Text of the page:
To complete the first half, Su and Pasternack gave stunning joint performances — almost organ-like at times, especially given the setting — of three more Indonesian-inspired works: the first movement of Olivier Messiaen’s 1943 “Visions de l’Amen,” Su covering the upper register and Pasternack the lower, sometimes bouncing on the bench for maximum impact; the first movement of Francis Poulenc’s “Sonata for Two Pianos” of 1953; and Bill Alves’s minimalist, metronomic “Black Toccata” of 2007.

Program notes about Lou Harrison, the composer featured in the second half, were provided by Alves, PostClassical’s “in-house gamelan expert,” as well as by Horowitz, who lists Harrison, Silvestre Revueltas and Bernard Herrmann (the focus of “Beyond Psycho” on June 1) as the composers “consistently championed” by PostClassical. For Harrison’s centenary in 2017, the ensemble not only gave concerts but made a radio program and a Naxos recording.

Like Debussy’s, Harrison’s encounter with Indonesian traditional music came at a world’s fair — 50 years later: San Francisco’s Golden Gate International Exposition, which ran from February of 1939, when the composer was 21, through September of 1940. In the 1960s, he constructed his own “American gamelan” from tin cans and oxygen tanks. Harrison studied with a gamelan master, Pak Cokro, in Berkeley, California, in 1975 and finally visited Indonesia in 1983.

In the line of American musical eccentrics that includes Charles Ives, Henry Cowell, Harry Partch and John Cage, each of whom he knew (he also studied with Arnold Schoenberg in Los Angeles), Harrison was sometimes pigeonholed as a creator of works that were both too exotic and too melodic. His stature began to rise in the 1980s, along with that of younger composers such as Philip Glass, who was influenced by Indian music, and Steve Reich, who was influenced by African music and, yes, gamelan.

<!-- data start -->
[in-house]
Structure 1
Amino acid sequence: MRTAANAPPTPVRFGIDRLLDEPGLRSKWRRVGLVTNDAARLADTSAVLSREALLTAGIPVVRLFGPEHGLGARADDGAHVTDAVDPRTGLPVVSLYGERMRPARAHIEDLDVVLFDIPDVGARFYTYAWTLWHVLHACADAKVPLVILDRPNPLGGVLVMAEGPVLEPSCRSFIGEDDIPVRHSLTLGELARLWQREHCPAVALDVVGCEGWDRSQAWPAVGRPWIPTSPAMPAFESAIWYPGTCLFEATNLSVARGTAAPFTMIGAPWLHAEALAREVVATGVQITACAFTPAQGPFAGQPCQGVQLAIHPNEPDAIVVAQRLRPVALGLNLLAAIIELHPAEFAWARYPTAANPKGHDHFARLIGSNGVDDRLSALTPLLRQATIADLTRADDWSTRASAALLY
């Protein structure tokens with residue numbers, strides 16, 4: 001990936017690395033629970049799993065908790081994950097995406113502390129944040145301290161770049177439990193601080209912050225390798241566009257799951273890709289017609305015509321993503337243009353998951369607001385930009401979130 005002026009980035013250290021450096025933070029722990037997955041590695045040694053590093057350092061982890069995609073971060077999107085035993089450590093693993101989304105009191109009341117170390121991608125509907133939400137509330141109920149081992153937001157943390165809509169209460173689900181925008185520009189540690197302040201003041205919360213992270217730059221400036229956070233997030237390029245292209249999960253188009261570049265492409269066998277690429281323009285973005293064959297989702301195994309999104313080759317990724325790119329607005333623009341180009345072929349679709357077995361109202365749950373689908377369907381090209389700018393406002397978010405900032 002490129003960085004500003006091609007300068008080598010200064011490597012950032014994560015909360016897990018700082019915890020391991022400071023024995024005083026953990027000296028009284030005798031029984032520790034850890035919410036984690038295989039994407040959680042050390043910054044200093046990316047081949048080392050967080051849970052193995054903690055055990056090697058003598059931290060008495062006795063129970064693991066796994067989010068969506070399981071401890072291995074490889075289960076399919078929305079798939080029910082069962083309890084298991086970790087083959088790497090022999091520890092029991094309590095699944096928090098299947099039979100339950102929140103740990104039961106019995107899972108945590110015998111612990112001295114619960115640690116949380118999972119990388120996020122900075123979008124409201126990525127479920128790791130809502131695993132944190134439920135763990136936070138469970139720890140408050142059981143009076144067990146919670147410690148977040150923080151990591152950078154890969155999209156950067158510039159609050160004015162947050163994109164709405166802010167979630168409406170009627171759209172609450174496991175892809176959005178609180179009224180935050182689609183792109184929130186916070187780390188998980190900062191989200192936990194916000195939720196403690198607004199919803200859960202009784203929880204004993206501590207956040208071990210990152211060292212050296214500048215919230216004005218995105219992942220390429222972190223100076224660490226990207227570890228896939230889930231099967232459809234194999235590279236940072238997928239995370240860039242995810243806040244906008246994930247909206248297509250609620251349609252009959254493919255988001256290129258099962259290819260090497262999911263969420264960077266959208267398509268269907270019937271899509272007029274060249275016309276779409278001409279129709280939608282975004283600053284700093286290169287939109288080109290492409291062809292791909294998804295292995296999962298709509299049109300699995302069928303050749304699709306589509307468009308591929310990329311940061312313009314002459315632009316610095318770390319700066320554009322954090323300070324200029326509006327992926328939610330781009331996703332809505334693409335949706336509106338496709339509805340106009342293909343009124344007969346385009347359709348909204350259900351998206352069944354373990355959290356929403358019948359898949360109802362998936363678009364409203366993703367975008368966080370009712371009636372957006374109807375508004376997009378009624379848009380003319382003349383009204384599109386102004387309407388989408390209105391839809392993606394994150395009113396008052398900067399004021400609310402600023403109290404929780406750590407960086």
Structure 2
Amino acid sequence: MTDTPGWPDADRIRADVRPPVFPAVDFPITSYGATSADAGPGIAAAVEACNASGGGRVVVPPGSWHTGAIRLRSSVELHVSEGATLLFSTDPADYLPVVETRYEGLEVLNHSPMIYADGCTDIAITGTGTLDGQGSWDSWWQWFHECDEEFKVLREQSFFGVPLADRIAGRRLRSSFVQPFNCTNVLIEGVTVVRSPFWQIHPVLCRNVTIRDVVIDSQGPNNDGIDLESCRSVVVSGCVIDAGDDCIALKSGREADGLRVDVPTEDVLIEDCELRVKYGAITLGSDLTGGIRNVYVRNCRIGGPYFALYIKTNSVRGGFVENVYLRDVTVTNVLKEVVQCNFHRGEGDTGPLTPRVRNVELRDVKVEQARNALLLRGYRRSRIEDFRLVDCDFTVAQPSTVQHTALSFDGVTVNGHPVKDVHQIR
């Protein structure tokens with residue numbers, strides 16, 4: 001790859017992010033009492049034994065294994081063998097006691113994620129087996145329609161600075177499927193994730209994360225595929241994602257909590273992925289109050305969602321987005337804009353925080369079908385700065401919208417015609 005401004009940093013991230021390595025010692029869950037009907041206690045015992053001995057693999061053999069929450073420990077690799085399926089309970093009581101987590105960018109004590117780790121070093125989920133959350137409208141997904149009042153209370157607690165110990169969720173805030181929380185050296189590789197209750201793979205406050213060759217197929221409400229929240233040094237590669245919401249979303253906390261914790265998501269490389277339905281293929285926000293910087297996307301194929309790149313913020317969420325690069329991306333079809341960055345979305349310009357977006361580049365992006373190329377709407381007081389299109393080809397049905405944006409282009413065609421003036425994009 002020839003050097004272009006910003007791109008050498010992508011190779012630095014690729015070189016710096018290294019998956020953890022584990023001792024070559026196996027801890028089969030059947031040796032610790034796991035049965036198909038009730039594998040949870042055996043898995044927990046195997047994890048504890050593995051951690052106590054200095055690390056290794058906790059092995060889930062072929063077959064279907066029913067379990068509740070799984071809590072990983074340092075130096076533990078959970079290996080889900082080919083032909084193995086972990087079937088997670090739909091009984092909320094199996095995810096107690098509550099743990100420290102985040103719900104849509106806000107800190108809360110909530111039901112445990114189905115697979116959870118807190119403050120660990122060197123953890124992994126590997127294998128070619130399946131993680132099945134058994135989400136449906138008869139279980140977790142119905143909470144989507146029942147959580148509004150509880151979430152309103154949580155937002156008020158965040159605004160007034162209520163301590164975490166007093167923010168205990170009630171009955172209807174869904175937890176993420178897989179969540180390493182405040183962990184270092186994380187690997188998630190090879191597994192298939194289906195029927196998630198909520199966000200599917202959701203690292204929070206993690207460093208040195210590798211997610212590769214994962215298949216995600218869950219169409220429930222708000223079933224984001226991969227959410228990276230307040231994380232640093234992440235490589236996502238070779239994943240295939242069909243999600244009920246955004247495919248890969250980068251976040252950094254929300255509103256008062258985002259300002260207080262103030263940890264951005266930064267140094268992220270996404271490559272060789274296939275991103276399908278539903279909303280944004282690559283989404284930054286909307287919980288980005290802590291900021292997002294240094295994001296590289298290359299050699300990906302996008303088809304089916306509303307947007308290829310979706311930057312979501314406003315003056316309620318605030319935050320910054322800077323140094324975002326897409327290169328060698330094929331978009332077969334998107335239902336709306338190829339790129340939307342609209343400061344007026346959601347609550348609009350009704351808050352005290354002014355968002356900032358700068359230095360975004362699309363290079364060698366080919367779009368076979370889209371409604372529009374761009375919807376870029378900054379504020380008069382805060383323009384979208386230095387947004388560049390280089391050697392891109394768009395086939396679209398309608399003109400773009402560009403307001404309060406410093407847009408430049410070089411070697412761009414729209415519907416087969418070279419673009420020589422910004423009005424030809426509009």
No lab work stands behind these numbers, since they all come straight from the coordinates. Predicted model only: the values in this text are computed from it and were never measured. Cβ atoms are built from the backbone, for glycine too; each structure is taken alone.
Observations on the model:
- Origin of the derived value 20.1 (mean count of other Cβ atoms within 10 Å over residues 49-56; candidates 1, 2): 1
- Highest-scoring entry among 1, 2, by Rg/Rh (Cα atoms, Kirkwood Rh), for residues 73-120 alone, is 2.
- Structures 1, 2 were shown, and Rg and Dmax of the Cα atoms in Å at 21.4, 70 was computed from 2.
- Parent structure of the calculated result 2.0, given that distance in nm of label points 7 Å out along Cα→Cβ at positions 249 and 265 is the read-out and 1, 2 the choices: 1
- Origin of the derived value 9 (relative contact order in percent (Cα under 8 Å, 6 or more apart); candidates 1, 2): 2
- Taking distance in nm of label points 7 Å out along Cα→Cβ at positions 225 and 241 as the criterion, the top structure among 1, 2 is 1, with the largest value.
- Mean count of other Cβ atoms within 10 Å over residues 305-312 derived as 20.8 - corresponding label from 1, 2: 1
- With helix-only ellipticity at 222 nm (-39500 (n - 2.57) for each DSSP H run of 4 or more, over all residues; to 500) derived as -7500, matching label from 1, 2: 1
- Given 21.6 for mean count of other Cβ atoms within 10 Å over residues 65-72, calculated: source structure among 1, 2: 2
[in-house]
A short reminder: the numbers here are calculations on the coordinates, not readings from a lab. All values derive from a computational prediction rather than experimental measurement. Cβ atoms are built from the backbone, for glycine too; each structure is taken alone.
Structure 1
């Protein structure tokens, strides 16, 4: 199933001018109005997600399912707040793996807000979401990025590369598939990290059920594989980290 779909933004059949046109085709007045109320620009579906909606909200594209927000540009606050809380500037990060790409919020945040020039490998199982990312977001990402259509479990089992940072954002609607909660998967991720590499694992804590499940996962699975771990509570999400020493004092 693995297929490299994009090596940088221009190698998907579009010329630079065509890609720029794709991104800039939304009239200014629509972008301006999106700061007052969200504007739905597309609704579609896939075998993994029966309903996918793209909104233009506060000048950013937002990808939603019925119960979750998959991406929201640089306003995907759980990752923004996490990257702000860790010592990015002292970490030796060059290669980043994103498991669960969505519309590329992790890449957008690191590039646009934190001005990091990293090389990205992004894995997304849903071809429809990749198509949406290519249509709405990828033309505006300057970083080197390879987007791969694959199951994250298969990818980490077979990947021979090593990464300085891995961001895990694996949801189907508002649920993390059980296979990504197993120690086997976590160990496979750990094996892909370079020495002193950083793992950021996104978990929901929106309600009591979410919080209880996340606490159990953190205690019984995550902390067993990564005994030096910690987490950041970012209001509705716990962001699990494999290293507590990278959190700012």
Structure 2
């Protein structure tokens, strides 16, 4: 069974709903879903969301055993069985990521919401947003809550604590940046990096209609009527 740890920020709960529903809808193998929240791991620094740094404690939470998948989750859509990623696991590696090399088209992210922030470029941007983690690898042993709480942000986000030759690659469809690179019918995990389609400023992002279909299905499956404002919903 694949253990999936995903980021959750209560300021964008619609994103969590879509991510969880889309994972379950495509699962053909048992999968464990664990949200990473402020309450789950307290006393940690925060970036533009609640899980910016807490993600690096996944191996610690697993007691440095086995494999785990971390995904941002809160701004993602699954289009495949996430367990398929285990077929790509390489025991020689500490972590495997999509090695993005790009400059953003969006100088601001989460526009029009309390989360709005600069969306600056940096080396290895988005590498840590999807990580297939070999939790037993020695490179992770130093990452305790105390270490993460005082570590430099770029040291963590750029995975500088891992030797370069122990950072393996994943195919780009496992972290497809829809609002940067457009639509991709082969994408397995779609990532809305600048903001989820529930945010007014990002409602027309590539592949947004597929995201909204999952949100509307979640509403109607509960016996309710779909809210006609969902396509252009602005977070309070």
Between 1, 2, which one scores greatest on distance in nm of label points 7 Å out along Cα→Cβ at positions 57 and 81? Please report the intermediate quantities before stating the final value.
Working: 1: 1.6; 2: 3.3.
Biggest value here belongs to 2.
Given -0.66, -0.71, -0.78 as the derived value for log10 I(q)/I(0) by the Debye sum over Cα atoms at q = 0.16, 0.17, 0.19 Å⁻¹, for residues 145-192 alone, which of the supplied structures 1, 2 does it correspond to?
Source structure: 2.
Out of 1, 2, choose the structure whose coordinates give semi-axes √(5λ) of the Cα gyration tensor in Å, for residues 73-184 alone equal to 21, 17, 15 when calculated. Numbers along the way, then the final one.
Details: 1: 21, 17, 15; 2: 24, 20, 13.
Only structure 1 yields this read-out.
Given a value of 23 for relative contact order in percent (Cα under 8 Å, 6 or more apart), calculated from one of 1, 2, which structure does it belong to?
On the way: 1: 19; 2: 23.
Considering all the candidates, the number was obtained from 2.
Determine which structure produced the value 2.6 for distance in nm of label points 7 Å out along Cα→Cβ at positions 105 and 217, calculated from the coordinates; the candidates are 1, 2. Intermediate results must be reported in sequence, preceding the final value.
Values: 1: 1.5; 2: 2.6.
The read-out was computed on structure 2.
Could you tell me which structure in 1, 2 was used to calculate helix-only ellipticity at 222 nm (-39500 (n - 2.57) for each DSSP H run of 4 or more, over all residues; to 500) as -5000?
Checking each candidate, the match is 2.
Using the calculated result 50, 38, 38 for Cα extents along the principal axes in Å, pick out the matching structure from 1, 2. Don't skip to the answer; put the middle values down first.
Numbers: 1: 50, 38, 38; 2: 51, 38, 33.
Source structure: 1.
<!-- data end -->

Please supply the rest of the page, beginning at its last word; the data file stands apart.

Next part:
The two works in the second half, both conducted by Gil-Ordóñez, were Harrison’s “Suite for Violin, Piano and Small Orchestra” of 1951, with Su and violinist Netanel Draiblate, and his “Concerto for Piano and Orchestra” of 1985, with Pasternack as soloist.

The “small orchestra” for the suite was truly small; most players stood, with Draiblate behind the podium and off to the side, facing the ensemble. In addition to Su on concert grand, the piece called for a “tack piano,” with tacks affixed to the felt pads on the hammers, and a harp. Gil-Ordóñez made full use of the intimacy to deliver a beautifully balanced performance, with each of the six movements — two titled Gamelan — distinct in color, texture and dynamics.

That Draiblate’s silvery playing was entirely free of flash made it even more impressive; he was completely in control, the tone pure in lines that seemed to go on and on.

For the concerto, Draiblate — also concertmaster of orchestras in Annapolis, Lancaster and Lake Forest, Illinois — was concertmaster of an ensemble of about 30. Not only are the acoustics in a cathedral problematic for chamber music, but the piece, commissioned by jazz pianist Keith Jarrett, was written for a non-equal tuning known as Kirnberger No. 2 Well-Temperament (no trumpets allowed).

Both Gil-Ordóñez and Pasternack seemed to relish the challenge, Pasternack unfazed by the rapid passages and tone clusters, played with an “octave bar,” in the second of four movements, titled Stampede. The last movement, perhaps the most gamelanish of all, starts with a tingle (in the two harps, I believe). A triangle marks time, various clacks come from the percussion, the trombones spell something out in low tones and a bass drumroll brings the piece to an end.

PostClassical’s 2019 gala, featuring cellist Narek Hakhnazaryan, will be held on Feb. 19 at the Embassy of the Republic of Armenia. An Armenian festival, “The Color of Pomegranates,” will be a highlight of the ensemble’s next season, in the spring of 2020.